Reuters on Iran’s desire to speed up nuclear talks: “Iran and the US will explore ways to give impetus to nuclear talks when their chief diplomats meet in Geneva on Wednesday, Iranian foreign minister Mohammad Javad Zarif said on Sunday.” More here.
FP’s John Hudson on expectations for Obama’s trip to India: “The goal for Washington will be to advance its agenda on security, the environment, and bilateral trade, and repair ties with New Delhi after an embarrassing diplomatic tiff at the end of 2013 sunk relations to historic lows.” More here.
Reuters on an offer from North Korea: “North Korea said on Saturday it was willing to suspend nuclear tests if the United States agreed to call off annual military drills held jointly with South Korea, but Washington rejected the proposal as a veiled threat.” More here.
FP’s Siobhán O’Grady on a horrific massacre: “As many as 2,000 soldiers and civilians may have been killed at the hands of Boko Haram in northeastern Nigeria this week, in what Amnesty International said could be one of the Islamist terrorist group’s deadliest acts since its inception in 2002.” More here.
The Sydney Morning Herald’s Joe Hemba on kids as suicide bombers: “Two suspected child suicide bombers blew themselves up in a market in north-east Nigeria on Sunday, witnesses said, killing three people in the second apparent attack in two days using young girls strapped with explosives.” More here.
The Wall Street Journal’s Colleen McCain Nelson on waning enthusiasm to prosecute Petraeus: “Lawmakers from both parties raised doubts on Sunday over whether the Justice Department should file charges against former Gen. David Petraeus for mishandling classified information.” More here.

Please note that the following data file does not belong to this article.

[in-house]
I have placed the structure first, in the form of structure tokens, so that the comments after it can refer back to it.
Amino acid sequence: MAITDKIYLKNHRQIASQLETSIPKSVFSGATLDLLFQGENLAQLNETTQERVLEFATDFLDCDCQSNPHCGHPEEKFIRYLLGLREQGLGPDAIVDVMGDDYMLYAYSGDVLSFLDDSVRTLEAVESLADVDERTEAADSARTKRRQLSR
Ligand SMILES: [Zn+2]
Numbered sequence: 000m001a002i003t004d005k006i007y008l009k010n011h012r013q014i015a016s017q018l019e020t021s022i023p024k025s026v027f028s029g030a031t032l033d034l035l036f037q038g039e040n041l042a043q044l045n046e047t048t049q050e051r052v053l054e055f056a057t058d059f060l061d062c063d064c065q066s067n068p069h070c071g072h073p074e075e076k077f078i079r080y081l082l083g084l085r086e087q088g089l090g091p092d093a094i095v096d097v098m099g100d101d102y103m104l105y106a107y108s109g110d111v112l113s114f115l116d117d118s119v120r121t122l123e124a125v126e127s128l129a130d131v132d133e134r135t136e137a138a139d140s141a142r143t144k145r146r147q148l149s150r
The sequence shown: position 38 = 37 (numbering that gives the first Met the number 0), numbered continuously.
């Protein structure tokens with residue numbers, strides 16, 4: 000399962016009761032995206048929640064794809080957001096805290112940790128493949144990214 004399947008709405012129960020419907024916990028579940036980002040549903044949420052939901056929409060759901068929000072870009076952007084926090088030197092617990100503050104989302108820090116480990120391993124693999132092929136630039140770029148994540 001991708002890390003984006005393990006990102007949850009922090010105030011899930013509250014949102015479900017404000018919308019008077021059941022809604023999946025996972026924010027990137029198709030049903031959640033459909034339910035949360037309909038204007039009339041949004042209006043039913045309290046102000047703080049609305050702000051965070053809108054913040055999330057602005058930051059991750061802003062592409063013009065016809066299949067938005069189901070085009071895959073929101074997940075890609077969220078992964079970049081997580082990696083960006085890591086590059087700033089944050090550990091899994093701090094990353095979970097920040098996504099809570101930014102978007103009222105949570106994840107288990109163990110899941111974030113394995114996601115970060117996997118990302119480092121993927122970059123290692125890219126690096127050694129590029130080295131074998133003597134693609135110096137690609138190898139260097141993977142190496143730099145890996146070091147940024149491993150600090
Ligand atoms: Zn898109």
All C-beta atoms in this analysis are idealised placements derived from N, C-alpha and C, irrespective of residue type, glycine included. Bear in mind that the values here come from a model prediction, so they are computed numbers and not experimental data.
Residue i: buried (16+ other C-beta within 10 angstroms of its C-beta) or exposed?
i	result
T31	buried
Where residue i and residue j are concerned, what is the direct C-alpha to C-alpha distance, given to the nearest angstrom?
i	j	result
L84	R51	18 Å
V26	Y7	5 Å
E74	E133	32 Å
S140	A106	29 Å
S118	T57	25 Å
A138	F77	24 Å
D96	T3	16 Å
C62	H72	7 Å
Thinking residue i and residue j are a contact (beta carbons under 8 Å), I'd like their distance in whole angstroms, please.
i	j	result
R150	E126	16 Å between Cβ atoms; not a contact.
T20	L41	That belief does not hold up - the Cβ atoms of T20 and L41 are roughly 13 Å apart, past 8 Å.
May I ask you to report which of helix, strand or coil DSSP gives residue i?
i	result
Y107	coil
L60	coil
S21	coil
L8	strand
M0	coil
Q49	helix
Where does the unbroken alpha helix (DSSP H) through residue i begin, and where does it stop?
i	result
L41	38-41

The New York Times’ Charlie Savage on the FBI’s growing role: “Although the government’s warrantless surveillance program is associated with the National Security Agency, the Federal Bureau of Investigation has gradually become a significant player in administering it, a newly declassified report shows.” More here.
FP’s Keith Johnson and Jamila Trindle: “David Cohen, the driving force behind the U.S. Treasury Department’s increasingly sophisticated use of financial warfare, has been tapped as deputy director of the Central Intelligence Agency.” More here.
The Wall Street Journal’s Leos Rousek on Croatia’s first female president: “Ms. Grabar-Kitarovic, a seasoned Croatian diplomat, served as Assistant Secretary General for Public Diplomacy at the North Atlantic Treaty Organization from 2011 to 2014 and Croatia’s ambassador to Washington from 2005 to 2008.” More here.
And finally, the Associated Press’s Andrea Rodriguez reports on Cuba’s plans to renovate its replica of the U.S. Capitol building, which first opened in 1929. More here.